I fully expected Dan to come home to tell me he just bought a new house. We all know, in the world of real estate, especially in Michigan, things don’t usually happen that quickly. So began the agonizing process…would it work out? I began to bear down in fear, in anxiety, and then I remembered that I was evolving and the new and improved Anna would recognize that there were many variables that she could not control. So, I took a plunge – I let it go. I waited. And in the end, it did work out and we all love our new home (I especially love the shower).

And the funny thing is, this wasn’t part of “the plan.” We took a detour. I love Emily Dickinson’s gentle invitation to “dwell in possibility” and each time I see this quote (which is often), it is like someone, Emily perhaps, is giving me permission to let go. To step. Away. From the plan. To open right up, throw my head back and my arms in the air, and look out at all the possibilities.

There are dreams buried deep inside me that I have long forgotten or given up on, and why? Because I’m not sure where to fit them in. Because I can’t figure out where they go in the plan. Because I’ve been so busy trying to control every little detail of my life from when I will get pregnant to when my last child will leave home, that I don’t allow space for things to simply unfold. From this moment forward, I am scrapping the plan. Who really knows what the future holds? Since my dad died, seven women I love and care very much about have lost a parent. Death isn’t planned. It sometimes comes when we least expect it. It jolts us. It breaks our hearts. Sometimes we have to start over.

Little by little I am learning to let go in ways that I never would have imagined. I was okay letting go of some little stuff, but now I think it’s time to let go of the big stuff. I’m sure Dan and I will still have to plan, but I’m playing it a little more loosey-goosey from now on. No more obsessing over the things I can’t control. Years ago, when I first heard the Serenity Prayer, it made so much sense to me. God grant me the serenity to accept the things I cannot change; courage to change the things I can; and wisdom to know the difference. It sounds so simple, really. But for me, especially as I get older, it’s been really hard.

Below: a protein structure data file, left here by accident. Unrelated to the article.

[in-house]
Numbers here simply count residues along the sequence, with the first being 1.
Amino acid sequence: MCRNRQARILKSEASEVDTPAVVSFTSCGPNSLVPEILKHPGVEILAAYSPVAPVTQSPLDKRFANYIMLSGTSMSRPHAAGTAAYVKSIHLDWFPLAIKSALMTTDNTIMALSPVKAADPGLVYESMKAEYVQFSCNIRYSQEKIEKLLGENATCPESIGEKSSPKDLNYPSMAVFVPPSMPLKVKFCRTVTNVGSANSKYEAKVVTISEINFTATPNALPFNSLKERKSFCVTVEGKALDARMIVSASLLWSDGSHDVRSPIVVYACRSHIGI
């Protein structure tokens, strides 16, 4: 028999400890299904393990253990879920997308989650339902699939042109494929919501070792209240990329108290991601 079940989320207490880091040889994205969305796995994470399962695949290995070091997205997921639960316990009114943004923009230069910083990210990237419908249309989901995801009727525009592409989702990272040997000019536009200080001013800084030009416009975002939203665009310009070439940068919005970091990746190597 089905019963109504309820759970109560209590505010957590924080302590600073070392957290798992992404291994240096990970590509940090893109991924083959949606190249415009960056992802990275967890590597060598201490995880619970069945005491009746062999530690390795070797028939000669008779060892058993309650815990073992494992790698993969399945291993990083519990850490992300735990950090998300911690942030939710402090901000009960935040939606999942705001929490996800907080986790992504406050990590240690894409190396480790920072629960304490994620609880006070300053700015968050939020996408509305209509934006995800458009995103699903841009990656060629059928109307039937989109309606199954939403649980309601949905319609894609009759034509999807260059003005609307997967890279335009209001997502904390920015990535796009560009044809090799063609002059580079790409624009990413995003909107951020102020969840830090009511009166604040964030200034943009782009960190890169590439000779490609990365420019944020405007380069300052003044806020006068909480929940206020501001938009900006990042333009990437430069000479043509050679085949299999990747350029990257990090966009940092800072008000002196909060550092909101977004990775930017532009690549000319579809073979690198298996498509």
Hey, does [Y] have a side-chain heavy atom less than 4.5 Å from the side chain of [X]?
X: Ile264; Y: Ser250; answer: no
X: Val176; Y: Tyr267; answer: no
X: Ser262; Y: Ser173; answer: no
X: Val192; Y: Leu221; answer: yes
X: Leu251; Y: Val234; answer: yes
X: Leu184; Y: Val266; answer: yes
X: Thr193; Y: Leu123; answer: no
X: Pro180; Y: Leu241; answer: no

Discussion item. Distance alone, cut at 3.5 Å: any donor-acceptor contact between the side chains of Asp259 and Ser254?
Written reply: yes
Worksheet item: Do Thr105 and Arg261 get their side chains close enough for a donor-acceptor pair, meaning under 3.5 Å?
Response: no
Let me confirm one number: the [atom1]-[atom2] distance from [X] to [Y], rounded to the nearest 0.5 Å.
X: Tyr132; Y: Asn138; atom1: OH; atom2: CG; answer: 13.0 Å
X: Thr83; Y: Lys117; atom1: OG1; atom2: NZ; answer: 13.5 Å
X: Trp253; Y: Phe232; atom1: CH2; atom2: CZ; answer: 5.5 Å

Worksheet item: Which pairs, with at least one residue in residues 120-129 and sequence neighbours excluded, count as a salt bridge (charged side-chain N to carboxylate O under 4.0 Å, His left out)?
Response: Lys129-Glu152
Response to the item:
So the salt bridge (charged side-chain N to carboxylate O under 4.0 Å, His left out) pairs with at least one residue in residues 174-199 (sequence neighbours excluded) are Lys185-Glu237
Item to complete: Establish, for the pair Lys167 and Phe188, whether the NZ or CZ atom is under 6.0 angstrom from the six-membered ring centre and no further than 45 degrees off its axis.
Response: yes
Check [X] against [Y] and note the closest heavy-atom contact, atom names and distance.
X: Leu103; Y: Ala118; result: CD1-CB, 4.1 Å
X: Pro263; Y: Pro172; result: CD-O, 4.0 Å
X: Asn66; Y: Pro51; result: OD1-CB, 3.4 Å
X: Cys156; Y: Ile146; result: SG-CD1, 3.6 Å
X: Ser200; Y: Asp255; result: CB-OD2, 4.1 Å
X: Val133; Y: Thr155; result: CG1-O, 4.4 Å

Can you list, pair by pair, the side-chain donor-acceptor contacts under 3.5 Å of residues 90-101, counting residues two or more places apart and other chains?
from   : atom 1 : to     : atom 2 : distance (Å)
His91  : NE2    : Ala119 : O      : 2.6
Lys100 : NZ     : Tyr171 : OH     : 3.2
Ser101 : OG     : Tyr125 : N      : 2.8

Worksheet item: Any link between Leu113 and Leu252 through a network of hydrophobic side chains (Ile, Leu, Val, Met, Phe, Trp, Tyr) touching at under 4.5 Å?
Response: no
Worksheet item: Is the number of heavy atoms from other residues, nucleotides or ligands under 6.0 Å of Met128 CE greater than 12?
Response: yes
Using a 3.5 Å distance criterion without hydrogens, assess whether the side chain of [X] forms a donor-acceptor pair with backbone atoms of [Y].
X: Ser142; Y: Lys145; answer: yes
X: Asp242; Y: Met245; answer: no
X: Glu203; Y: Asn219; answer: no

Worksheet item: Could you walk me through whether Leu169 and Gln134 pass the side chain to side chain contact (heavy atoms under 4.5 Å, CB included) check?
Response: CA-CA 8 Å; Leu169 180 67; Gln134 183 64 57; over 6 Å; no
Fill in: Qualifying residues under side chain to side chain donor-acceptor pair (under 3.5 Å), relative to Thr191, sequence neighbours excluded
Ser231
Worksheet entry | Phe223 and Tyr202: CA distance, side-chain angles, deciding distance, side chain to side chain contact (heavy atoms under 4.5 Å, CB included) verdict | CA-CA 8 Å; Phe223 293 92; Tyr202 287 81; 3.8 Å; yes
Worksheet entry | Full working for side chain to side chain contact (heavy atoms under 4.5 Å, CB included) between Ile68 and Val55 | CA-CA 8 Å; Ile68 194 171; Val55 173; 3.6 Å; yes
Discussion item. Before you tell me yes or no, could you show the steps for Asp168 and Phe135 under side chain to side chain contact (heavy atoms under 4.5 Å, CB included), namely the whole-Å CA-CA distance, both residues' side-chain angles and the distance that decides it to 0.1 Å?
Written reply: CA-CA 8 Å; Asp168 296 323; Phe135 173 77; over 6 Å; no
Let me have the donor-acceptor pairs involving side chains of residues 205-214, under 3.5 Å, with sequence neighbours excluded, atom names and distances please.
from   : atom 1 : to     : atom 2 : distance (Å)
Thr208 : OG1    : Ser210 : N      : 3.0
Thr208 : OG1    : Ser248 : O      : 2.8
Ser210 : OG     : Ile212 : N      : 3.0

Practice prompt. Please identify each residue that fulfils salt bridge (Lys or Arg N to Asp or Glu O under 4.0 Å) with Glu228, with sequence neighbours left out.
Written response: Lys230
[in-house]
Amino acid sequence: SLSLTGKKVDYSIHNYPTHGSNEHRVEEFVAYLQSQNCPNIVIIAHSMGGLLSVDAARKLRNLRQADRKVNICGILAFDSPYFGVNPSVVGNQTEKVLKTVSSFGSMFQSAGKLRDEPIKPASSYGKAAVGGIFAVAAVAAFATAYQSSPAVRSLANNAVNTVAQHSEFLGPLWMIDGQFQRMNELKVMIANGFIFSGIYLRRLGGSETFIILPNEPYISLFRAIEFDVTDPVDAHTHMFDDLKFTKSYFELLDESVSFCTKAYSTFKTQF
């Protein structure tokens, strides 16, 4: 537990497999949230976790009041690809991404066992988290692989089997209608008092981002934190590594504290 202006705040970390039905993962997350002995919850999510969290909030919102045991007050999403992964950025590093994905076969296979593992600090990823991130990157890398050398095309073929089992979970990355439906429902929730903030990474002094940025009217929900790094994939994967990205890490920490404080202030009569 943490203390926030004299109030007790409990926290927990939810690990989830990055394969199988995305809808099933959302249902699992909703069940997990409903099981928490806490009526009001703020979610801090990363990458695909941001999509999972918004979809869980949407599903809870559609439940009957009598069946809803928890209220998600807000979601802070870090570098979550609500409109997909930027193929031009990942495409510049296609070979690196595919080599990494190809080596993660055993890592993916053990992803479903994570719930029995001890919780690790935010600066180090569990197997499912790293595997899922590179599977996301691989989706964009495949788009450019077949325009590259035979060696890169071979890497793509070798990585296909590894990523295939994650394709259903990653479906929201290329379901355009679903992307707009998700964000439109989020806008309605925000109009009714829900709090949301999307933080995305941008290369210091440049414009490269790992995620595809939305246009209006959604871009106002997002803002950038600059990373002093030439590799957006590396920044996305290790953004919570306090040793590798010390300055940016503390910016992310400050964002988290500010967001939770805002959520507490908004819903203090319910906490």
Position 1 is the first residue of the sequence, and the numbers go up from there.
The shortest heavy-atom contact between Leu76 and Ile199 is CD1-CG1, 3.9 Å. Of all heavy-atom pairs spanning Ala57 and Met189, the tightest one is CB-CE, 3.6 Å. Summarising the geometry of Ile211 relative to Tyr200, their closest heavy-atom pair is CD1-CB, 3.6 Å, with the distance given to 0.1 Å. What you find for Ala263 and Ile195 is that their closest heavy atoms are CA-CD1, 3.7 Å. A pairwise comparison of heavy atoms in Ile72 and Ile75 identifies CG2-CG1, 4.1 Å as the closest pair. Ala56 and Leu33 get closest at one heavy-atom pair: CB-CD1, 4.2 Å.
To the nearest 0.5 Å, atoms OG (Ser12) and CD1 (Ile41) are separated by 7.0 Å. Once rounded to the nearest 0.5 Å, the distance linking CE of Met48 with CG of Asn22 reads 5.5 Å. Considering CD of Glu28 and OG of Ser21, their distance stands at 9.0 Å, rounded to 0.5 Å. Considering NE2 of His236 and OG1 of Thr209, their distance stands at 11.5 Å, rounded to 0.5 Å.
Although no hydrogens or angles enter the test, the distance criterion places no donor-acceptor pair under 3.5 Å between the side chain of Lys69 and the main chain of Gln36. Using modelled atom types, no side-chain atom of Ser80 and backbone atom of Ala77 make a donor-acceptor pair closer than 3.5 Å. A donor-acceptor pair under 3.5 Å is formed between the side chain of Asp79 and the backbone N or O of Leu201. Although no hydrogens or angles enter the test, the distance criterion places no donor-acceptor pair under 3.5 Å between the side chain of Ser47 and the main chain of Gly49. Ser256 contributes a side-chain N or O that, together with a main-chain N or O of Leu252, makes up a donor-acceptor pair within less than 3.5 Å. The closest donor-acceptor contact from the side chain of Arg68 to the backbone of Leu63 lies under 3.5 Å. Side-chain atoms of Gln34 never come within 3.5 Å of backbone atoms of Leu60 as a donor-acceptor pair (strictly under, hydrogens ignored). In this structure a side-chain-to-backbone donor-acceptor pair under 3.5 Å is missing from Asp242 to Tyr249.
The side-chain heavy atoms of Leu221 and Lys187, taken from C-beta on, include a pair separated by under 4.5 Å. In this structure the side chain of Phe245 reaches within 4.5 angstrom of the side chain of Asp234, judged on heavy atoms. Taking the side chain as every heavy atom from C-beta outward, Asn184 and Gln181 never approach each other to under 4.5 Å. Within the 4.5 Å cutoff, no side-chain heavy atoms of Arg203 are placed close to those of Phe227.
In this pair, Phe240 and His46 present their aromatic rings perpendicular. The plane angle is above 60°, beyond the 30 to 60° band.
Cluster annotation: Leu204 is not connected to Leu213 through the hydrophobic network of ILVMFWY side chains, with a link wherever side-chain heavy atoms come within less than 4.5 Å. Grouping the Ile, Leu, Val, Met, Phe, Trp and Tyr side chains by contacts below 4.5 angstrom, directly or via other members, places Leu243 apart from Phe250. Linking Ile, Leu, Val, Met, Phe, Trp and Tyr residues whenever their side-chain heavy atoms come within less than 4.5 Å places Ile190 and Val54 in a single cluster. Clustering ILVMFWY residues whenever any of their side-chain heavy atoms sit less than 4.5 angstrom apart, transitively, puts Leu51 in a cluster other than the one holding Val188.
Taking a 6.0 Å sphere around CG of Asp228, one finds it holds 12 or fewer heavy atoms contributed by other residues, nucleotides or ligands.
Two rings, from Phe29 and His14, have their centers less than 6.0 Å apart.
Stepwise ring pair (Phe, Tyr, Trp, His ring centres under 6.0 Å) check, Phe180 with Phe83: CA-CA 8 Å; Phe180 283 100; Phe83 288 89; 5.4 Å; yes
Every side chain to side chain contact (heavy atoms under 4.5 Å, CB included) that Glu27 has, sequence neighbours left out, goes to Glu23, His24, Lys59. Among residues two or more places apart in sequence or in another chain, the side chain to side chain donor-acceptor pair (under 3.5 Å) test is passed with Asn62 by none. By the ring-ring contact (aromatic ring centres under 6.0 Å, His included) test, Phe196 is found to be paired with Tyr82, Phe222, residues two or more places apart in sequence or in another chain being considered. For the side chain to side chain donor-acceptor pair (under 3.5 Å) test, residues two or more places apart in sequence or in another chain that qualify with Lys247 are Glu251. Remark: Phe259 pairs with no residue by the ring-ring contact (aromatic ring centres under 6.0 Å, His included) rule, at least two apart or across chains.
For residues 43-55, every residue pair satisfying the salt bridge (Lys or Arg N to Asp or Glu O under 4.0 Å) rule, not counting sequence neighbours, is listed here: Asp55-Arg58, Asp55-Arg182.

I think in some way, my tight grip on life is born of love. It comes from good intention. Somewhere along the line, I began to believe that trying harder and holding tighter was a sign of my love, or of my commitment to someone or something. Reflecting on life and death and what it all means, thinking about moving when we had planned to stay, and even seeing so many of my friends suffer through the loss of beloved parents – all of this is teaching me that letting go, even a little, and opening to possibility, isn’t a sign of loving less or caring less. I think letting go may even open a pathway to loving more. When you let go, it’s all out there. Rather than limiting myself by hanging on, I might actually find that I can love more deeply, more richly, and more truly by letting go. I’m still figuring this out. Maybe that in and of itself will take a lifetime. Maybe I’ll never figure it out. But I feel pretty certain that when I do let go, the possibilities are endless.

Dear Dad

Dear Dad,

Well, tomorrow it will have been one year since you left us. In some ways it seems like the year passed by quickly, and yet at the same time it feels like an eternity since I saw you last. It’s funny how time does that. Since you died on a Thursday, today seems more like the anniversary of your death. It’s dreary outside. The snow is melting, leaving patches of ice and puddles of muddy water in its place. It’s been rainy. The air holds the promise of Spring, but it still looks and feels like winter outside. We’ve changed things up a bit. James and Dan go to Milford Music together for guitar and piano on Tuesdays now. I’m so thankful for that. It would be hellish to spend the entire day comparing the similarities of March 11th last year to March 11th this year. I can see myself recalling your image in the door around 5:30 as you hustle James out the door to his lesson. I could torture myself, again, remembering our last hug. I might even go downstairs to run on the treadmill, trying to recreate the whoosh of energy that came over me around 8:30 p.m., the time I feel sure that you died. I may have even drug the kids out of bed late at night to ride to your house in the rain, to find mom in the backyard with you. Our lives were so drastically changed that night. Her life with you by her side ended in just an instant. So, wow, despite the changes we’ve made in an effort not to spend every Thursday night in the same routine, remembering the details of the night you died, everything that happened a year ago is still so fresh in my head.